Centralized management will not detract from the essentially local nature of CKIN’s ethnic radio station. The station will continue to be operated from offices located in Montre?al and day-to-day responsibility for programming on the station will remain in Montre?al. The principal synergies relate to the centralization of management and ownership, not operations.

For CHCR, the transaction represents a much-needed cash infusion. The company is privately held, so this is a rare glimpse into its finances (emphasis mine):

At the same time, approval of the current application will enable Groupe CHCR Inc. to refocus its resources to maintain and build on the strength of its original FM radio station, CKDG-FM. Groupe CHCR Inc. has developed a particular expertise in creating multicultural programming with a mainstream appeal (the Radio Culture Fusion format) and in serving Montre?al’s Greek-language audiences.

The sale of CKIN-FM is taking place at a critical time for Groupe CHCR Inc. Despite years of effort and investment, it has become apparent that the company requires an injection of capital to reach its potential in the current financial climate. The programming, operating and capital requirements of both stations have proved to be quite challenging for Groupe CHCR Inc. to meet on its own.

It has become apparent that building on CKIN-FM’s success will require additional investment and a focused management effort to improve the station’s visibility and realize its potential. Regrettably, this investment is beyond Groupe CHCR Inc.’s means at this time. Without this investment, there is a real likelihood that the station will continue to be a strain on Group CHCR Inc. as a whole.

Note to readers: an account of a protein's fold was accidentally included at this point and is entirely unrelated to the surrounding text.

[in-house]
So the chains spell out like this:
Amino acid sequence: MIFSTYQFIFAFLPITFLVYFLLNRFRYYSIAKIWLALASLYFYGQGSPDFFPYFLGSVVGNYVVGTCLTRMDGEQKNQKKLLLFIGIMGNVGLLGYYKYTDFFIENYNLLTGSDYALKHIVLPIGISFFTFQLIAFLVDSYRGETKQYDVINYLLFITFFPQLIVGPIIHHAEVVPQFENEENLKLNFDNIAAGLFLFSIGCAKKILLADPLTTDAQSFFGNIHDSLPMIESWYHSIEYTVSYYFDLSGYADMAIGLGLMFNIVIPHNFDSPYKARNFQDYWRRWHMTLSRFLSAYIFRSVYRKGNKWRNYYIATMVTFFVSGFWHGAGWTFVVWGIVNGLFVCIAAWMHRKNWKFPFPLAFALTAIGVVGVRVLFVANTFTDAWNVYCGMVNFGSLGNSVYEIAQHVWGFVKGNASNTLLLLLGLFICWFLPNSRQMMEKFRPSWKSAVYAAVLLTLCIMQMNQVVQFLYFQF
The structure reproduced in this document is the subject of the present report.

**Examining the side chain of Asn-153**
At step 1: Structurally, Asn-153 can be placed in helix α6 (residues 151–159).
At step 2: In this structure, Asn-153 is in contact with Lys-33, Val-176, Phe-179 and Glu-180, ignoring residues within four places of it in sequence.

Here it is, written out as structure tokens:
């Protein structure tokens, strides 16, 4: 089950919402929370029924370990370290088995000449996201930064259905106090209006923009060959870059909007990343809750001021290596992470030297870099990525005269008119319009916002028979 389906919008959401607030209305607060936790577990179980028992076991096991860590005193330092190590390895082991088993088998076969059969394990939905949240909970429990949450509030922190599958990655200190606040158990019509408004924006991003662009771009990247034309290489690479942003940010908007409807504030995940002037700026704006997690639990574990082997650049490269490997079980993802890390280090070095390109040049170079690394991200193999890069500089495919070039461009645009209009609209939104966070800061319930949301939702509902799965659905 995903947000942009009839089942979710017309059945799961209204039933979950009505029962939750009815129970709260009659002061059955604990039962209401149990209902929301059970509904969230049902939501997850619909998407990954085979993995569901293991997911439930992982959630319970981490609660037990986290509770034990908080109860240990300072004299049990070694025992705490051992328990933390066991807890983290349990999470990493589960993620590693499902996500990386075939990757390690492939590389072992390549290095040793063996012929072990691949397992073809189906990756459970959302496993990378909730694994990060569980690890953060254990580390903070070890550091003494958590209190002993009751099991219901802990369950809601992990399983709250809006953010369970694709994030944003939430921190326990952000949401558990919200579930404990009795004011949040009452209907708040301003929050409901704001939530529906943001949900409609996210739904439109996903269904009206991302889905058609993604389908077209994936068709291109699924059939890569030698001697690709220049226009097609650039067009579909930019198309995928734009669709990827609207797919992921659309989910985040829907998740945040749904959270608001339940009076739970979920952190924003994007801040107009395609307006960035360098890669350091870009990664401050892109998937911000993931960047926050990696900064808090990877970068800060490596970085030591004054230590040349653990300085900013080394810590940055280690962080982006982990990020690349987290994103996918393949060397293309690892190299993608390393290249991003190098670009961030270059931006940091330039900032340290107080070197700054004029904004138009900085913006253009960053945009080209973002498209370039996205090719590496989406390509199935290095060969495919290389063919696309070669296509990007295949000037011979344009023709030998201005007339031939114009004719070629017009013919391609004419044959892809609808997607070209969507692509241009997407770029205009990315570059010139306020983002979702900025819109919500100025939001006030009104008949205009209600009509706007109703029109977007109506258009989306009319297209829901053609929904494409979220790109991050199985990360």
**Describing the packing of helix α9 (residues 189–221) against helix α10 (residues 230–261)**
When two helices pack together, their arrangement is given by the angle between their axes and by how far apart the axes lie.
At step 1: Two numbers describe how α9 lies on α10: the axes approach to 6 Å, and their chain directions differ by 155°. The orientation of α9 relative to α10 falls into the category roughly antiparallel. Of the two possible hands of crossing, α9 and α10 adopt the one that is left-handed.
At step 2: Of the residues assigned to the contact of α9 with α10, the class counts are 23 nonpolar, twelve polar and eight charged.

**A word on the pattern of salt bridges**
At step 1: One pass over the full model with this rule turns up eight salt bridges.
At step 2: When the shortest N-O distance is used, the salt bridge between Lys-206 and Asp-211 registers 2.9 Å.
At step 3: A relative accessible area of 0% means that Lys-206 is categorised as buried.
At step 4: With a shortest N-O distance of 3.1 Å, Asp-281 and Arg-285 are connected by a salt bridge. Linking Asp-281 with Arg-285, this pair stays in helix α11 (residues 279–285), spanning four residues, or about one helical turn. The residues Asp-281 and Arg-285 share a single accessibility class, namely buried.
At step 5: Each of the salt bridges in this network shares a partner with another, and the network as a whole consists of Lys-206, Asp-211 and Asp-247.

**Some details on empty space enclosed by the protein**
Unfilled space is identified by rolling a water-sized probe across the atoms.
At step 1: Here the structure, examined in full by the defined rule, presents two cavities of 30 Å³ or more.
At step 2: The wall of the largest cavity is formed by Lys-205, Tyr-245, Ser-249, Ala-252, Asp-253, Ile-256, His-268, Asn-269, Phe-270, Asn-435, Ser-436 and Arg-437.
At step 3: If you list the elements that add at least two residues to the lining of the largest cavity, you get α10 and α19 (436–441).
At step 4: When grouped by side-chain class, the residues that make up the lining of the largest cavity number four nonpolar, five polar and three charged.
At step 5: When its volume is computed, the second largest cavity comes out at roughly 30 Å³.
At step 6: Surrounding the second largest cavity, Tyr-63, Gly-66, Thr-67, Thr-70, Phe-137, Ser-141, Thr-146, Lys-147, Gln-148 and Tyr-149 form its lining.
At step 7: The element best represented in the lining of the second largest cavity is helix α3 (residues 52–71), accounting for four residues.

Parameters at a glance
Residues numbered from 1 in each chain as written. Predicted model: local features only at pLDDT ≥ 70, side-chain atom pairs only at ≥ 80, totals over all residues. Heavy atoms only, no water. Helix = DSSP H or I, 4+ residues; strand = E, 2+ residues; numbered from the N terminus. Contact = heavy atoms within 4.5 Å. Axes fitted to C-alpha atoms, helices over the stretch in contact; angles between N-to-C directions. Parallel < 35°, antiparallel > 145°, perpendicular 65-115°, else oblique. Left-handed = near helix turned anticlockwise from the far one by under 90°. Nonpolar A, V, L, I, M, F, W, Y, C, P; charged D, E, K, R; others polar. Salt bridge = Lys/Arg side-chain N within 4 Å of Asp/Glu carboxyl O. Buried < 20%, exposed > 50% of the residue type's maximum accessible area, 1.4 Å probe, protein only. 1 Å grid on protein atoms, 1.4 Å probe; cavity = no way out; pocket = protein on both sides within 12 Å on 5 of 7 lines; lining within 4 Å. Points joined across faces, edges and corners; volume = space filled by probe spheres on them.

From the perspective of Groupe CHCR Inc., the proposed transaction will enable the company to revitalize CKDG-FM, its flagship station; to retire most of its third-party debt, which has accumulated with the launch of the two stations; and to focus its management effort on a single radio station, the Radio Fusion Format, and the linguistic and cultural groups served by that station.

 

CKIN-FM was first licensed in 2007 and launched in 2010. Like CKDG, it offers ethnic programming in several languages, and uses non-ethnic programming during peak hours to subsidize that. While CKDG’s rush-hour programs are in English, CKIN’s are in French. CKIN offers programming in Arabic, Creole, French, Hindi, Mandarin, Punjabi, Spanish and Urdu. Ray says he will continue serving those groups, which makes sense because South Asian is Ray’s specialty.

The contract comes with non-compete clauses for both sides. Ray agrees not to broadcast any Greek-language programming on CKIN, while Griffiths agrees not to broadcast any South Asian programming (Hindi, Punjabi, Urdu, Tamil, Bengali, Gujarati) for five years after the sale. This clause does specify that it doesn’t apply if the other station ceases programming in that language.

Ray has proposed a standard tangible benefits package of 6% of the cost of the transaction ($32,430), distributed to Canadian content funds, the Community Radio Fund of Canada and other approved initiatives.